New Atlas Charts Indonesia’s Food Security Progress
JAKARTA – Indonesia has made significant improvements in food security in the last decade, according to a new Food Security and Vulnerability Atlas published by the government and the United Nations World Food Programme (WFP).*
Food security has improved in most of Indonesia’s 398 rural districts, according to the 2015 Atlas, launched today in Jakarta by Indonesian Vice-President Jusuf Kalla and Ertharin Cousin, WFP’s Executive Director.
The Atlas says that 15 percent of districts are considered “acutely vulnerable to food insecurity.” This number has declined sharply compared to a decade ago, when it was 22 percent. The districts most vulnerable to food insecurity are all in Papua, where poverty rates are often higher than 25 percent.
Since the first Atlas was published in 2005, levels of poverty have fallen, improving access to food for many households across Indonesia. At the same time, Indonesians have better access to health facilities, and electricity and roads have reached more areas.
“The Government and the people have succeeded in reducing food insecurity in Indonesia. However, we have not succeeded in resolving fundamental problems faced by consumers and farmers - namely fluctuations in food prices, and land tenure for farmers,” President Joko Widodo wrote in the Atlas.
“The 2015 National FSVA is a timely reference for the Government to prioritize its resources in order to comprehensively address crucial food insecurity in the years to come,” he added.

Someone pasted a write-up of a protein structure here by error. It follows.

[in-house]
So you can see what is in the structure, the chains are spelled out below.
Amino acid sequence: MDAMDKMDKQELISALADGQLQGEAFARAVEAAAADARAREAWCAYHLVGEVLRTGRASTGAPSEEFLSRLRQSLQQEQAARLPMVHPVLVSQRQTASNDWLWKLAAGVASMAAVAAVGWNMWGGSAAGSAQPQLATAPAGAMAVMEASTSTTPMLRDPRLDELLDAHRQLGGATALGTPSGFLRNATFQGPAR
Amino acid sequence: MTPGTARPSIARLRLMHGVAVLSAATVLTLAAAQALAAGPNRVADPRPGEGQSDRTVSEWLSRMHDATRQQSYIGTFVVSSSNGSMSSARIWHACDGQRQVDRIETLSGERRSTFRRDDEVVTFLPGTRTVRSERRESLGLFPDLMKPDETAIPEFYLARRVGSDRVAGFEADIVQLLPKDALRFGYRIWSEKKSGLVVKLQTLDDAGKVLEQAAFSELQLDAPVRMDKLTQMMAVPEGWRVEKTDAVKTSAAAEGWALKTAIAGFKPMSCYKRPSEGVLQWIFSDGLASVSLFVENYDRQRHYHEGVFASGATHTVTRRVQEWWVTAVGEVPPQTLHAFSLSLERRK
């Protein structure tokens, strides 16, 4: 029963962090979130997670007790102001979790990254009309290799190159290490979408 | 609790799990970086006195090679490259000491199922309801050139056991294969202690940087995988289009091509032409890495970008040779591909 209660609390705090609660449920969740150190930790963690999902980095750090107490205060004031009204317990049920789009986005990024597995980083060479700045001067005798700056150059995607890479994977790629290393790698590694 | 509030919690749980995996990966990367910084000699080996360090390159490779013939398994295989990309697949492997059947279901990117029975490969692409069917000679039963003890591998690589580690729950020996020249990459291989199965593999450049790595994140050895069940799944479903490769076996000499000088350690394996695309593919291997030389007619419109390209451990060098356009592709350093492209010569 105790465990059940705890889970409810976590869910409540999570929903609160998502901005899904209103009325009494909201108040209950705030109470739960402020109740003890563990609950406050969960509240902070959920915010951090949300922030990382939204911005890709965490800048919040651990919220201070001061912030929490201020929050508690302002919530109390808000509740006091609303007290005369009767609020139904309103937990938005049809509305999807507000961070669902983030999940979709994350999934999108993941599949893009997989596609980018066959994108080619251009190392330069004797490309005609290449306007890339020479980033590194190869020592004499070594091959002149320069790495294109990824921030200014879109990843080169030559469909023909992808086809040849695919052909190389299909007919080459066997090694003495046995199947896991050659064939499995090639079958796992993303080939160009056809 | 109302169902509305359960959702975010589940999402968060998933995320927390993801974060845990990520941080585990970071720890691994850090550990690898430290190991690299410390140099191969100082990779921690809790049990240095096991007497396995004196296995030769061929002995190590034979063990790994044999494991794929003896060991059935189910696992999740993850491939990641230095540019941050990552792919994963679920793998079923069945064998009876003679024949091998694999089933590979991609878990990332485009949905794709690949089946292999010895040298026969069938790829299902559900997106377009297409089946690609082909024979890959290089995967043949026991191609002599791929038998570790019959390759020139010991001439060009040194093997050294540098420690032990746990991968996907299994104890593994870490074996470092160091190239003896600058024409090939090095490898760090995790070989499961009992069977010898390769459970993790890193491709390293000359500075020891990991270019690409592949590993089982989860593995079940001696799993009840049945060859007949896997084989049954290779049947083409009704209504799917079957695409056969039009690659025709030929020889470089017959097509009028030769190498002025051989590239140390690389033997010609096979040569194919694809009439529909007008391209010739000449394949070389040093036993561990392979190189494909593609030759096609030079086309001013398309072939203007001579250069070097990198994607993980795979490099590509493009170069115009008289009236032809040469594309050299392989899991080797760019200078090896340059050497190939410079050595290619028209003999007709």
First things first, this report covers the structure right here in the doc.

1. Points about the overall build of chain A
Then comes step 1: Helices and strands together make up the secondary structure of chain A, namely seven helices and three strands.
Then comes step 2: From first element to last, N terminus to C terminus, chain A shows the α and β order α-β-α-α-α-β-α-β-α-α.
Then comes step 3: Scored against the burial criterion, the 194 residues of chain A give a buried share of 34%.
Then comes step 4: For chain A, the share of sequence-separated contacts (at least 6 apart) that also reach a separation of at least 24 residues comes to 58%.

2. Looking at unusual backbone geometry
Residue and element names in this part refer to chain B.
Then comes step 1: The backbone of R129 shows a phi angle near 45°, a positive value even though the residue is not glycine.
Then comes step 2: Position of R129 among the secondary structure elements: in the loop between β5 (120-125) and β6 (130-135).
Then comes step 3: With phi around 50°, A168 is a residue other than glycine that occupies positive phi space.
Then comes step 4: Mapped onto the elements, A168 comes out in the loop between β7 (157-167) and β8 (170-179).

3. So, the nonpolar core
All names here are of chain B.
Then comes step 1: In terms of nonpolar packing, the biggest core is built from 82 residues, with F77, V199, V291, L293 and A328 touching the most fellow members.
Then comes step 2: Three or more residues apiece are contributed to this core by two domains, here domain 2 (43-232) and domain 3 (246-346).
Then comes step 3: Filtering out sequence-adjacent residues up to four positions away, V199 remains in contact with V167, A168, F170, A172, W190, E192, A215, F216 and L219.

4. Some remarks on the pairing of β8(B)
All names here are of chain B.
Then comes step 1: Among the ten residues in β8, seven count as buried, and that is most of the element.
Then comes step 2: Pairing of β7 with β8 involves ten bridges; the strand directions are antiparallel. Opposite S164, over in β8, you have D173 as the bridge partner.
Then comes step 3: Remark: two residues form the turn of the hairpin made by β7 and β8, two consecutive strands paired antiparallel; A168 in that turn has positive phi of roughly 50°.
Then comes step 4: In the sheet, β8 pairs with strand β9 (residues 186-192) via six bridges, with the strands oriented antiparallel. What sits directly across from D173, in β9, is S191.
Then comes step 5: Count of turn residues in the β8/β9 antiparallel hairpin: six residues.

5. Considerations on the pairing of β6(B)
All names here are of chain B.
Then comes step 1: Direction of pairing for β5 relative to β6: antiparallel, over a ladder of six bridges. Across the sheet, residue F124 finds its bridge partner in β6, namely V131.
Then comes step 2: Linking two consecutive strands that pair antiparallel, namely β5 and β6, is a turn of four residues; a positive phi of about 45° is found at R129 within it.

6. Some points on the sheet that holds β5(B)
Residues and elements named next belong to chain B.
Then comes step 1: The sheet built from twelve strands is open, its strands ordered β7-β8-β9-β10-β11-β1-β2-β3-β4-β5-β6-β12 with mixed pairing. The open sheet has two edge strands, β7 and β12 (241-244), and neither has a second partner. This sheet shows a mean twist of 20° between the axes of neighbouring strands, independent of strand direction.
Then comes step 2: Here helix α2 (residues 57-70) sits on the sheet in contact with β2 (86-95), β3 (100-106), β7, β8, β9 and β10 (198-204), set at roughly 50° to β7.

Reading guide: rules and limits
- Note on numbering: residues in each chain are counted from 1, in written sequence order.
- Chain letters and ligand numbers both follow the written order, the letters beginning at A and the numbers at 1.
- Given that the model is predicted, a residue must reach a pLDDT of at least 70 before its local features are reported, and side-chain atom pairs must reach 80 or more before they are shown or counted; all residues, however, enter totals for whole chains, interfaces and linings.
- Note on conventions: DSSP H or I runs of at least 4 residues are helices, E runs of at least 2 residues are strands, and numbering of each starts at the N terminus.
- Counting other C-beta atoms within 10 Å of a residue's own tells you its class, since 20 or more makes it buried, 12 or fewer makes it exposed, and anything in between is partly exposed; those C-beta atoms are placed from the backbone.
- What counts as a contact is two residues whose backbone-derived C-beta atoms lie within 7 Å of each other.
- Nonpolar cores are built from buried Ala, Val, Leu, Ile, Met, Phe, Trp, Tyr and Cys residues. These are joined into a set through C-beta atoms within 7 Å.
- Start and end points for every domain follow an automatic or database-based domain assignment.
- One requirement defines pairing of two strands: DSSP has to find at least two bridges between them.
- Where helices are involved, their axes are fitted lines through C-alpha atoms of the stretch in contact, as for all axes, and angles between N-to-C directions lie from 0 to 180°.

“We should all celebrate because Indonesia has achieved the Millennium Development Goal of halving hunger and extreme poverty,” said Cousin. “With the Government’s commitment, this nation should rise to its next challenge – a food-secure future where every Indonesian man, woman and child will enjoy a healthy, balanced diet.”
However, the report notes that inequality, infrastructure, natural disasters and climate change continue to pose challenges to Indonesia’s food security. Malnutrition stymies Indonesia’s potential, as more than one-third of Indonesia’s children under five are stunted – too short for their age - compromising their chances of fulfilling their potential. This figure has not improved since 2010, which will have long-term consequences for the health and wealth of Indonesians says the Atlas. At the same time, a rapidly growing number of adults are overweight or obese, in what nutritionists refer to as the “double burden.”
The Indonesian government defines food security as “the condition in which all people, in all households, at all times have sufficient food in both quantity and quality to enable them to live healthy, active, productive and sustainable lives, and that the food is safe, diverse, nutritious, equitably distributed and affordable, and does not conflict with religion, beliefs or culture.”
WFP has supported the government in developing the Atlas since 2002. The first edition was launched in 2005.
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Data for this edition of the Atlas, which ranks food insecurity in 398 rural districts of 32 provinces, was collected over an 18-month period by the Central Food Security Agency, provincial and district Food Security Offices, and from publications of the Central Bureau of Statistics, Ministry of Health, Ministry of Forestry, National Disaster Management Agency, and Meteorology, Climatology and Geophysical Agency.
*The Atlas was made possible through the generous support of the Australian Government’s Department of Foreign Affairs and Trade and the Government of Indonesia.
WFP is the world's largest humanitarian agency fighting hunger worldwide, delivering food assistance in emergencies and working with communities to improve nutrition and build resilience. Each year, WFP assists some 80 million people in around 75 countries.
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